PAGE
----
It’s critical to note that companies cannot shed liability through driver allowances, reliance on a driver’s personal insurance or the fact that these individuals are not driving company-owned vehicles.
Let’s dive into this in more detail.
Some of the greatest risks surrounding hired and non-owned drivers stem from misconceptions about insuring them. Many companies falsely believe that an employee’s personal auto insurance will provide proper coverage if an incident occurs. It’s believed that any costs incurred will be covered by the employee’s insurance plan. Ideally, this approach would shield the company from any liability and cost much less than insuring that driver through the company’s commercial auto policy.
The problem is, if the company is not actively vetting insurance plans to ensure each employee maintains a certain level of coverage, the company can be on the hook for more expensive crashes.
To save money, a large percentage of the population only meets the required compulsory liability limits set by their state. These state minimums can range anywhere from $40,000 to $60,000. If your employee causes a serious crash while driving on behalf of the company and damages exceed their limit, there’s a strong chance the company will be responsible for the liability exceeding the employee’s coverage.
Nuclear verdicts, or extreme jury awards exceeding $10 million, are on the rise, presenting even more risk for companies with hired and non-owned drivers. According to the Travels Institute, from 2015 to 2019, the average verdict in the National Law Journal’s Top 100 Verdicts more than tripled from $64 million to $214 million. If an employee with a $40,000 liability limit on their policy caused a $100 million nuclear verdict, it would be catastrophic for a company.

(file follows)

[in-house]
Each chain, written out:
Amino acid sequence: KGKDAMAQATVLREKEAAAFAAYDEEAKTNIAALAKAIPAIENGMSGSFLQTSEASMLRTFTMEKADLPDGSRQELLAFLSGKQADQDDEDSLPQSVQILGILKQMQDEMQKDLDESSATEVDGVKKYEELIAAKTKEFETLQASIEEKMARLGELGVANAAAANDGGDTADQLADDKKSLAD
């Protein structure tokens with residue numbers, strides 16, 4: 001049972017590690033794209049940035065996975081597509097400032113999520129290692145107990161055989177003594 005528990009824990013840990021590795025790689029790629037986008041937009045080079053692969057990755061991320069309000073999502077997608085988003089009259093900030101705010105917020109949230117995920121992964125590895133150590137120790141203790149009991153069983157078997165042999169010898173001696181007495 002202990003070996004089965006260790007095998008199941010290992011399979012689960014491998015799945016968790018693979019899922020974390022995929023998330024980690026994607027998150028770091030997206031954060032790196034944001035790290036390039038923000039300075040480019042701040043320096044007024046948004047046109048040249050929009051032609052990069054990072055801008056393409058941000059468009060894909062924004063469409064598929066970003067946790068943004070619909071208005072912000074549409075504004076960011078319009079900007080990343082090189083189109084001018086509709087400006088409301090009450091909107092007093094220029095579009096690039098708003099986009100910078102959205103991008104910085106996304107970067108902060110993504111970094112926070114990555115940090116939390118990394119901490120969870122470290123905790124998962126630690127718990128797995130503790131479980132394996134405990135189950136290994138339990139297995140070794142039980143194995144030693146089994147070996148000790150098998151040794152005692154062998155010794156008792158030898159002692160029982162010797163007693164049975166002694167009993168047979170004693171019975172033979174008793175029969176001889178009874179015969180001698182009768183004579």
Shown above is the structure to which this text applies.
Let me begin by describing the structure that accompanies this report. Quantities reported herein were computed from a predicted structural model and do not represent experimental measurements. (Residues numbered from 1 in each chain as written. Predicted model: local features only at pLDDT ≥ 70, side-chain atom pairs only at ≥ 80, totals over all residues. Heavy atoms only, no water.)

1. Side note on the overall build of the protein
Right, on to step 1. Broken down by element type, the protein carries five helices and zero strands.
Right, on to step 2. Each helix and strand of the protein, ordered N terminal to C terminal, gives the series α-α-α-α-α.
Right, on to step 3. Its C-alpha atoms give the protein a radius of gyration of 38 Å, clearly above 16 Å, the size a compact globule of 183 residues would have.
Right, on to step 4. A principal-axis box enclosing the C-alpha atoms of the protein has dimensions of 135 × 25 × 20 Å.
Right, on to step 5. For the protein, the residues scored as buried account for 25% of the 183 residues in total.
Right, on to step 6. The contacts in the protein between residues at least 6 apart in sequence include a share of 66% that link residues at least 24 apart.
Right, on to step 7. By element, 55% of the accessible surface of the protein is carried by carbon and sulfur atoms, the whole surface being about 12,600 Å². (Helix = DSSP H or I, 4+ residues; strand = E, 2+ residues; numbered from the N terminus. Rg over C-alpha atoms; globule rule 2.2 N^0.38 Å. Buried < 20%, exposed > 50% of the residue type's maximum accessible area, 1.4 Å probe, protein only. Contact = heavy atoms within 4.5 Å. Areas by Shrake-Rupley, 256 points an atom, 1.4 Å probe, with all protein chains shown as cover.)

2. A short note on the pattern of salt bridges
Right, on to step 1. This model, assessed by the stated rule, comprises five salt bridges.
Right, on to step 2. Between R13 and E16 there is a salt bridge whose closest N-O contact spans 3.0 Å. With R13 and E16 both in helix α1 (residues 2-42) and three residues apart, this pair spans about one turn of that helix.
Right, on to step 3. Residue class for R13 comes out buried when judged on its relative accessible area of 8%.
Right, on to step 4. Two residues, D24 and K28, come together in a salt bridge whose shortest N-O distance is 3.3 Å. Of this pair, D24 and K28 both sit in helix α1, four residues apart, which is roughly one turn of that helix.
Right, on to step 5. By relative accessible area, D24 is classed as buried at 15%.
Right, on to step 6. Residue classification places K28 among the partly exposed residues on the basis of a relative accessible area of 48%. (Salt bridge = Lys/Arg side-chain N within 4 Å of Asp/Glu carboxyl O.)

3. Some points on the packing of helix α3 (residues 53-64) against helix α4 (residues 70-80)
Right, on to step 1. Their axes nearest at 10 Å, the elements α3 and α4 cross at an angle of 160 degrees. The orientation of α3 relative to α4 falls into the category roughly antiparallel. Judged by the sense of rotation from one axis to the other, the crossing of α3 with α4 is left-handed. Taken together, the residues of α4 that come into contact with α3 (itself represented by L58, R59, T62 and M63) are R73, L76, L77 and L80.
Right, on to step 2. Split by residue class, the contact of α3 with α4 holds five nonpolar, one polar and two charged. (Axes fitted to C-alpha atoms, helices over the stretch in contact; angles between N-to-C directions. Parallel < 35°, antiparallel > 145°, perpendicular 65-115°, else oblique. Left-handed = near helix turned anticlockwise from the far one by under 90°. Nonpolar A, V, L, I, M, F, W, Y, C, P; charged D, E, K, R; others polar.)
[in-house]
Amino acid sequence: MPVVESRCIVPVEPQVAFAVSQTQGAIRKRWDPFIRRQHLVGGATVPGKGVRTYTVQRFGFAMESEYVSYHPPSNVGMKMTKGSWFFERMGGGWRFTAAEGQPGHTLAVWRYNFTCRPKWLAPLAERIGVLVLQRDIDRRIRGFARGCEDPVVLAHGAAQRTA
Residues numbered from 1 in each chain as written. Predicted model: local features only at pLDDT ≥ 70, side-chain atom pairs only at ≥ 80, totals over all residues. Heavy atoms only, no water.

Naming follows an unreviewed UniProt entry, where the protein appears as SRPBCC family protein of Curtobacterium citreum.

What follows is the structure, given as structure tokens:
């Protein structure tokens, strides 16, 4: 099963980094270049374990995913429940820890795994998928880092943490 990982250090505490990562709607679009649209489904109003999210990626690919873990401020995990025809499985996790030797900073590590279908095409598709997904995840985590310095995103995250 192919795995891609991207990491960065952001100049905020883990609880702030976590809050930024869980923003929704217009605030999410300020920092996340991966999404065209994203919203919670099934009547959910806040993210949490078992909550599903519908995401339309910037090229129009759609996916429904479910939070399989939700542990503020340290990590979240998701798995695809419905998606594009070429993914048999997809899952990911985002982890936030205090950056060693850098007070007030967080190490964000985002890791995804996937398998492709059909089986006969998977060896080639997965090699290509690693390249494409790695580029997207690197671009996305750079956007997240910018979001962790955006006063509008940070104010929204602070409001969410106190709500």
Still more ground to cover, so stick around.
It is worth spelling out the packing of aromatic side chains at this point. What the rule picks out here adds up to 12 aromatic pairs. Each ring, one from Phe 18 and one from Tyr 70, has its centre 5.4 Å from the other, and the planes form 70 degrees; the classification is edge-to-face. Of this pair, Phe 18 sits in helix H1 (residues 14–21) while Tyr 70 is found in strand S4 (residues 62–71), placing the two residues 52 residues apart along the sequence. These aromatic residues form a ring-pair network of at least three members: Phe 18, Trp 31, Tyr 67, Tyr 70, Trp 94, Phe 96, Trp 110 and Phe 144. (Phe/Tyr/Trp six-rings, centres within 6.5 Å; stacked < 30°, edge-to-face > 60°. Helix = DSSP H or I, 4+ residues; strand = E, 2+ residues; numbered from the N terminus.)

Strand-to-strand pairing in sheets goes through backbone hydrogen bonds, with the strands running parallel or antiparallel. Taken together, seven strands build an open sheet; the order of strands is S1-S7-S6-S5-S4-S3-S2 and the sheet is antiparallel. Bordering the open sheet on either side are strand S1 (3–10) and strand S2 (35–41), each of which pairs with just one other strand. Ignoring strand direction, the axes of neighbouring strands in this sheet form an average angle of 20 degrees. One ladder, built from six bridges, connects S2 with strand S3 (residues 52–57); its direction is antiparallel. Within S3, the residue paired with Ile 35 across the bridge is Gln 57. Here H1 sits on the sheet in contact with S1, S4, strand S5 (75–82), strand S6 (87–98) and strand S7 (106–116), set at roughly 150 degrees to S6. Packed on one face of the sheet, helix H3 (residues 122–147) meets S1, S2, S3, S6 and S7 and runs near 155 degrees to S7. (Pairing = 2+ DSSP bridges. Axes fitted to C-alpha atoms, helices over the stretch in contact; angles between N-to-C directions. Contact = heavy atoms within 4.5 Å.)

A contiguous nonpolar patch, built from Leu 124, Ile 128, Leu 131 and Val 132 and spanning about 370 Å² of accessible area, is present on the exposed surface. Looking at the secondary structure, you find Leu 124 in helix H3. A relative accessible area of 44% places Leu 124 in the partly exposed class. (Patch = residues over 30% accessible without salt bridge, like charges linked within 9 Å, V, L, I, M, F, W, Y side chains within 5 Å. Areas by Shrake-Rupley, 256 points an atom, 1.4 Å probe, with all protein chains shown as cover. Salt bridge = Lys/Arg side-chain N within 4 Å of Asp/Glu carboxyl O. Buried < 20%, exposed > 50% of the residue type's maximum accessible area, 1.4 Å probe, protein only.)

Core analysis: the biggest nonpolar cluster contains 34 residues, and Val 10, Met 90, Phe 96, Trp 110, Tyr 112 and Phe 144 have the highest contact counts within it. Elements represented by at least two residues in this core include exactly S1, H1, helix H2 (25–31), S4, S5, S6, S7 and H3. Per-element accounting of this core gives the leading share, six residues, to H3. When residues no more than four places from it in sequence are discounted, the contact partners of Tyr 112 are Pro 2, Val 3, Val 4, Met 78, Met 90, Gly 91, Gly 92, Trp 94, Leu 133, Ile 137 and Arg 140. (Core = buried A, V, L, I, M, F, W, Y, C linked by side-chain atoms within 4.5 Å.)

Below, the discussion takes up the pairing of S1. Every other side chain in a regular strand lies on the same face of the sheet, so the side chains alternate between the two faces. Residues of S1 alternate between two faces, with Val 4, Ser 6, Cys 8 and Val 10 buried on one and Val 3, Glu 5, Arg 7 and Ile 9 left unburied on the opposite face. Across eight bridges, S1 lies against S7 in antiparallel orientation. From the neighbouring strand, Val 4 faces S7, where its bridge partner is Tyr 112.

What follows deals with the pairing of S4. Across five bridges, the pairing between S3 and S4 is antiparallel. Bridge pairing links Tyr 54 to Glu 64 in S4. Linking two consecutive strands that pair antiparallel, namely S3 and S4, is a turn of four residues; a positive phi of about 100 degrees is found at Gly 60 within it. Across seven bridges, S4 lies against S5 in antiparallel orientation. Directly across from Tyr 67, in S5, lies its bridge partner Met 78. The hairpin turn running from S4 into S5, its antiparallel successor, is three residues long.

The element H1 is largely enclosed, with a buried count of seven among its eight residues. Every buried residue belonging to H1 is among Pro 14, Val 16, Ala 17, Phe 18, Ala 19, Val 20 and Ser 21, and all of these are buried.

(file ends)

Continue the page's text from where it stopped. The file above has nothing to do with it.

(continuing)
According to the Insurance Journal, one in eight U.S. motorists is uninsured, and in five states over 20% of drivers are uninsured. With such high rates of uninsured and underinsured motorists, companies are taking a huge risk relying on their employees to carry not only the right type of coverage, but also a valid plan. While your employees may know they need to carry insurance, similar to a valid driver’s license, sometimes plans expire creating a lapse in coverage. Imagine if one of your employees got into a crash on company time in between coverage?
Little Visibility into Driver Risk
When fleet drivers are hired, they will typically go through certain protocols to ensure they’re truly qualified to drive. This usually includes a background and pre-hire MVR check to analyze driver behavior and prove they have a valid driver’s license. Upon hire, these folks must typically acknowledge the company’s driver safety policy, as well as enroll in some sort of ongoing monitoring so the company has timely visibility into their driving behavior.
It’s not uncommon for these best practices to go out the window when it comes to hired and non-owned drivers. Since many hired and non-owned drivers do not drive as part of their normal job function, they likely will never receive the driver safety policy, nor will the company pull an MVR for them. This is especially true in cases when an employee is asked to run a quick errand.